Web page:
O'Connell outstayed by Dimitrov in Geneva Open quarters
Australian tennis battler Chris O'Connell has received a double helping of dispiriting news as he warms up for next week's French Open challenge.
The day after cementing his best-ever world ranking at the Geneva Open, the 28-year-old Sydneysider let a one-set and service-break lead disappear against Grigor Dimitrov in a 6-7 (5-7) 7-5 6-4 quarter-final loss in the Swiss event.
To add further pain after his exit from the warm-up event for the clay-court grand slam, O'Connell was also to learn later that he's landed a dreadful Roland Garros draw that may well have him face world No.1 Carlos Alcaraz in the second round.
In a gruelling battle that lasted two hours 43 minutes on Thursday, O'Connell eventually got ground down by the Bulgarian star Dimitrov, six years since they last faced each other at the Australian Open.
The victor was to prove the same at Switzerland's oldest tennis club, even though O'Connell had been favourite when he saved three break points in the fourth game and went on to eke out the first set which lasted exactly an hour, edging a tiebreak, before racing into 3-0 and 4-1 leads in the second.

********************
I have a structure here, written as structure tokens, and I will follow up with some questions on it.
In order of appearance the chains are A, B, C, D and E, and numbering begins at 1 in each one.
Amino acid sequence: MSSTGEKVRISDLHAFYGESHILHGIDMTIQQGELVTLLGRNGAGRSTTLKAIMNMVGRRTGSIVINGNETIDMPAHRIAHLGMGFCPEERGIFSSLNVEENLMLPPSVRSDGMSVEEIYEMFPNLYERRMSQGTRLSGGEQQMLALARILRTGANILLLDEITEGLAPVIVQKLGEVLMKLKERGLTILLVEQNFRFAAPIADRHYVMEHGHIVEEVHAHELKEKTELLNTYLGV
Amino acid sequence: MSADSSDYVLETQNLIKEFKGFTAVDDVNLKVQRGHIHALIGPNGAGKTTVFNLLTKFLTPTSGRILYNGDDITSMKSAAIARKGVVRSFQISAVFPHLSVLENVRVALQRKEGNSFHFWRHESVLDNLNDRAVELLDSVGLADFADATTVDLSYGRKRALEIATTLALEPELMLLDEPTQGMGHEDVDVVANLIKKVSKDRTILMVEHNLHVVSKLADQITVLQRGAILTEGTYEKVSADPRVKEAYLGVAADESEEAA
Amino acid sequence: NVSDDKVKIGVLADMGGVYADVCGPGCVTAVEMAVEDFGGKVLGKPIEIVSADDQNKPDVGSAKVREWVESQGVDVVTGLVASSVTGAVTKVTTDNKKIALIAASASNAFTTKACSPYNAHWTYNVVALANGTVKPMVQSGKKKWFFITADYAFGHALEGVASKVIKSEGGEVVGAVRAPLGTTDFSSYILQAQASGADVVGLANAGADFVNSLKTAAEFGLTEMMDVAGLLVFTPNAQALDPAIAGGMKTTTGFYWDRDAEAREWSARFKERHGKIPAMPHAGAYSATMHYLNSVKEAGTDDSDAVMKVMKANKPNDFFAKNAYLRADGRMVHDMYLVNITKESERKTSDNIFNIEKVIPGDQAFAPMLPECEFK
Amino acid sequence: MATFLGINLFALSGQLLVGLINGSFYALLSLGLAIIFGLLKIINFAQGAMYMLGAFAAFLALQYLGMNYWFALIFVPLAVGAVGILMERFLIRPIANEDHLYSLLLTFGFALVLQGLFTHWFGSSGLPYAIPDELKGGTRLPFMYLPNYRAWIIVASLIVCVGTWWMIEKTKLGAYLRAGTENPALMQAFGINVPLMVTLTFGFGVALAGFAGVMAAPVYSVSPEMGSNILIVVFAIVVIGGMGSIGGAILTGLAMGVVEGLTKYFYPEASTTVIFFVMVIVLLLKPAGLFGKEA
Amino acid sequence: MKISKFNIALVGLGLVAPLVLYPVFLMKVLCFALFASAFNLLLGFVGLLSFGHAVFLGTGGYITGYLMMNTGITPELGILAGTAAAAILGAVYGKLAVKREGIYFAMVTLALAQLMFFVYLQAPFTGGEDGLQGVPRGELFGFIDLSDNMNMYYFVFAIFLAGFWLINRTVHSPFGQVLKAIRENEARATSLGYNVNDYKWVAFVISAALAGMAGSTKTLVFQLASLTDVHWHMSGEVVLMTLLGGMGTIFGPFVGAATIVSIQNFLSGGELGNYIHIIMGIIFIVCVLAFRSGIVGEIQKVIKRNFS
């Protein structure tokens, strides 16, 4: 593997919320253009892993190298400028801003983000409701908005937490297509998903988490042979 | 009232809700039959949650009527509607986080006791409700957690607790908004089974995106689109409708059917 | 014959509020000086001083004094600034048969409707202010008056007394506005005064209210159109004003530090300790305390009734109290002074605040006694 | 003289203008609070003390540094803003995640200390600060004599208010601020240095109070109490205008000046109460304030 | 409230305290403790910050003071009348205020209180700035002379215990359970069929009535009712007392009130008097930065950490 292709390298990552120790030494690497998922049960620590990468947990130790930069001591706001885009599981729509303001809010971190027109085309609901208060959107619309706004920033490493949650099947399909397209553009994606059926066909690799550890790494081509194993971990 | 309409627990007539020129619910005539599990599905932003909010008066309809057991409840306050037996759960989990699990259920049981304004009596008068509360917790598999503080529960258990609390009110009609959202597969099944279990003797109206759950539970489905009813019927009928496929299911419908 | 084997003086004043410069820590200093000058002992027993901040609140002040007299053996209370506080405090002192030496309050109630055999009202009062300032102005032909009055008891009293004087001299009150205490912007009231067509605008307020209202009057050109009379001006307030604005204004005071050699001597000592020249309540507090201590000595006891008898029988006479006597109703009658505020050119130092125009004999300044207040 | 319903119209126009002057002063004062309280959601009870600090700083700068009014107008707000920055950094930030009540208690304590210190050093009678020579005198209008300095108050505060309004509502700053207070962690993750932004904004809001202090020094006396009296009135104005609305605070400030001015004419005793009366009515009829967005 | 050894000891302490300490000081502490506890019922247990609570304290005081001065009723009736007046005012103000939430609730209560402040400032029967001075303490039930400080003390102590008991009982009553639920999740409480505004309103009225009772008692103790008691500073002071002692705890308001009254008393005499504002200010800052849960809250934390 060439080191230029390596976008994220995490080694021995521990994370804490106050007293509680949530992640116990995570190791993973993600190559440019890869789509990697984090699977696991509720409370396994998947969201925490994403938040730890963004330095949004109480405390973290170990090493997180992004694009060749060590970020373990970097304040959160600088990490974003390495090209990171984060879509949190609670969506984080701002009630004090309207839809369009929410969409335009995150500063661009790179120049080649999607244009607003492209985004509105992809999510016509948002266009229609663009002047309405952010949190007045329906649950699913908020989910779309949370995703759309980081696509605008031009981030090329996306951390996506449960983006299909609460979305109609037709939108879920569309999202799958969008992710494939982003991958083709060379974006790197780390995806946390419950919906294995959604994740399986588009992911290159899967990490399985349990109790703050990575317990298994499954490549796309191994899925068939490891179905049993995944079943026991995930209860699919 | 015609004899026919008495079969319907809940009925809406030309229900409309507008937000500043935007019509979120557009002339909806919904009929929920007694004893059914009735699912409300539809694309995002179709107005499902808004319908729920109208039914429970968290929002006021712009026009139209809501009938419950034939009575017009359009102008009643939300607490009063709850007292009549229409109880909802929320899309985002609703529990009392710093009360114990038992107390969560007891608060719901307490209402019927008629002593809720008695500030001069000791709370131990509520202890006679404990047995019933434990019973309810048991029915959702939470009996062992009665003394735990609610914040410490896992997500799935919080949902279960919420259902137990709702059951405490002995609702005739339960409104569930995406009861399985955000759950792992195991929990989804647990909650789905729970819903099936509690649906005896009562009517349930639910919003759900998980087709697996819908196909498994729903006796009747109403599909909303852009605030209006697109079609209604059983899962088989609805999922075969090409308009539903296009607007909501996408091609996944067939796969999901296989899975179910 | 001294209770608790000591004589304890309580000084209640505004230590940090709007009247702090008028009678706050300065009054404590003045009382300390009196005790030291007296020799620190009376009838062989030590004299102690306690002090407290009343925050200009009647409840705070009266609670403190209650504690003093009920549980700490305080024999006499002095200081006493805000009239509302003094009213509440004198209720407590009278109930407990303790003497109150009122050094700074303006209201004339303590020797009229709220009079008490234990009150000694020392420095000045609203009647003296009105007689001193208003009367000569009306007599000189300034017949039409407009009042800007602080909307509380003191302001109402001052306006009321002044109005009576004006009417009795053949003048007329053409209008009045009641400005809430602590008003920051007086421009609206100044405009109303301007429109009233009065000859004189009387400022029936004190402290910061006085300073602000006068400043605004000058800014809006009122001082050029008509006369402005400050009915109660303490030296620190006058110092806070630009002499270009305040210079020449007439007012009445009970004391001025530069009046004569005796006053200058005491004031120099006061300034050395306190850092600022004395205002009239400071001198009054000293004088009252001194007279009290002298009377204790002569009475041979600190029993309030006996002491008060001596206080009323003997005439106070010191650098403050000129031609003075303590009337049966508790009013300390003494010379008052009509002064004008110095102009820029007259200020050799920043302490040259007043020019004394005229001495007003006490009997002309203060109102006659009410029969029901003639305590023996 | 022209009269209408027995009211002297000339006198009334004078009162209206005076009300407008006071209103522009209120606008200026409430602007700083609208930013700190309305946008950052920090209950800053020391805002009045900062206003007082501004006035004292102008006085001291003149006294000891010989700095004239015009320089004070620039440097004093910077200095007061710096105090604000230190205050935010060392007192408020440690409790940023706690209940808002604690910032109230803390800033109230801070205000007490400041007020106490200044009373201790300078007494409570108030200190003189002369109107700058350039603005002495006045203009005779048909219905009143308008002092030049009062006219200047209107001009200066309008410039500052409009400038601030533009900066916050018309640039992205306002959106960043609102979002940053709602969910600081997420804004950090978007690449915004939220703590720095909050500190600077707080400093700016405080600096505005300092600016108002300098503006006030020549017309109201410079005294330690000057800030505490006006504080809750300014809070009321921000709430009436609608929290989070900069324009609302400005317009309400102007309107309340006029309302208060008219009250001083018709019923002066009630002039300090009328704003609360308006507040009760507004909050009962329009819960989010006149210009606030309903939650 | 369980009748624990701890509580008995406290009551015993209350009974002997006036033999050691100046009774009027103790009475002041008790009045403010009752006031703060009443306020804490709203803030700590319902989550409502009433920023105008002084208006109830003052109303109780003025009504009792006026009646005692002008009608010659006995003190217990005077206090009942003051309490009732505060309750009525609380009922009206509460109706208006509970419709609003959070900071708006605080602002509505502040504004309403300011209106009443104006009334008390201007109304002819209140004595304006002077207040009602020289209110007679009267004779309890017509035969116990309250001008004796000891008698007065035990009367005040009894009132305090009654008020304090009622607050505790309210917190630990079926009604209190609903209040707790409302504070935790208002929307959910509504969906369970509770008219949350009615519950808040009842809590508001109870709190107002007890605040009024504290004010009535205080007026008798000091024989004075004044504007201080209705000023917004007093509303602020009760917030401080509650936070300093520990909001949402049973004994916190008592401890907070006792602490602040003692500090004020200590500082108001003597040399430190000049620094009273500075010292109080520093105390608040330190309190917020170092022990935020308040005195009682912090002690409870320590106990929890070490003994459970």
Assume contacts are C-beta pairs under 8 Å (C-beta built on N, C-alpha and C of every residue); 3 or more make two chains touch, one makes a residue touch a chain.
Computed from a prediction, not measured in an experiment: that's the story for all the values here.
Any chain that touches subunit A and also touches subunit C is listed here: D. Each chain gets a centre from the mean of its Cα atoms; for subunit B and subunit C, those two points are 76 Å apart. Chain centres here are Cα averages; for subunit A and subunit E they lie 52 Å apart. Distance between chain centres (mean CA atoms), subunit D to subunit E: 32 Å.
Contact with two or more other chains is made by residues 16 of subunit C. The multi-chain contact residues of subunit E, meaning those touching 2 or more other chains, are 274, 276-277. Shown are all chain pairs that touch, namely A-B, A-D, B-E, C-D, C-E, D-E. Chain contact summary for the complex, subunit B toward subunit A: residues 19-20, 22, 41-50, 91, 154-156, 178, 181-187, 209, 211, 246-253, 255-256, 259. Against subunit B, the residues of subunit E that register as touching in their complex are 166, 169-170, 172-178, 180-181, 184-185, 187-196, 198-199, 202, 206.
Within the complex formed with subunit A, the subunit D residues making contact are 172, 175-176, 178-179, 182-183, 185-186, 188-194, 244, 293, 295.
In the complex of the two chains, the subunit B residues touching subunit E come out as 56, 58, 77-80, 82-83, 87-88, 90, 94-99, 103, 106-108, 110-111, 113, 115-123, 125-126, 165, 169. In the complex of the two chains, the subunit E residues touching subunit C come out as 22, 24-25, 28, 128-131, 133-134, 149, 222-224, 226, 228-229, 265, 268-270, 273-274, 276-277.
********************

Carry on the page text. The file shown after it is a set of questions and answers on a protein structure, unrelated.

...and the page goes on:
But the world No.33 Dimitrov was up for the battle, recovering the break and earning the key break for 6-5, taking a stranglehold that he was never to release.
The consolation in defeat for O'Connell, even if he didn't manage to make his second clay-court semi-final of the year, was that he'll enter the French Open ranked higher than ever before, at No.76.
But how long he'll last at Roland Garros is another matter, after Thursday's draw offered him hope of progress with a first-round clash against Japanese Taro Daniel, the world No.110 before also delivering a second-round sickener.
For the winner will have to face the unenviable prospect of a match with top seed Alcaraz, who also faces a yet-to-be named qualifier in his opener.
The good news is that O'Connell has shown plenty of times already this season that he's willing to go toe-to-toe with the best and never seems overawed.
In Munich last month, he beat Olympic champ Alexander Zverev en route to the semi-finals and in the Qatar Open quarter-final in Doha in February gave Daniil Medvedev a real scare in a three-set thiller.
O'Connell and Alcaraz haven't met at tour level before, but when the Australian played the then 16-year-old Spanish phenomenon at a Challenger event in L'Aquila, Italy, three years ago, he was quickly acquainted of the teen's brilliance, losing 6-4 6-2.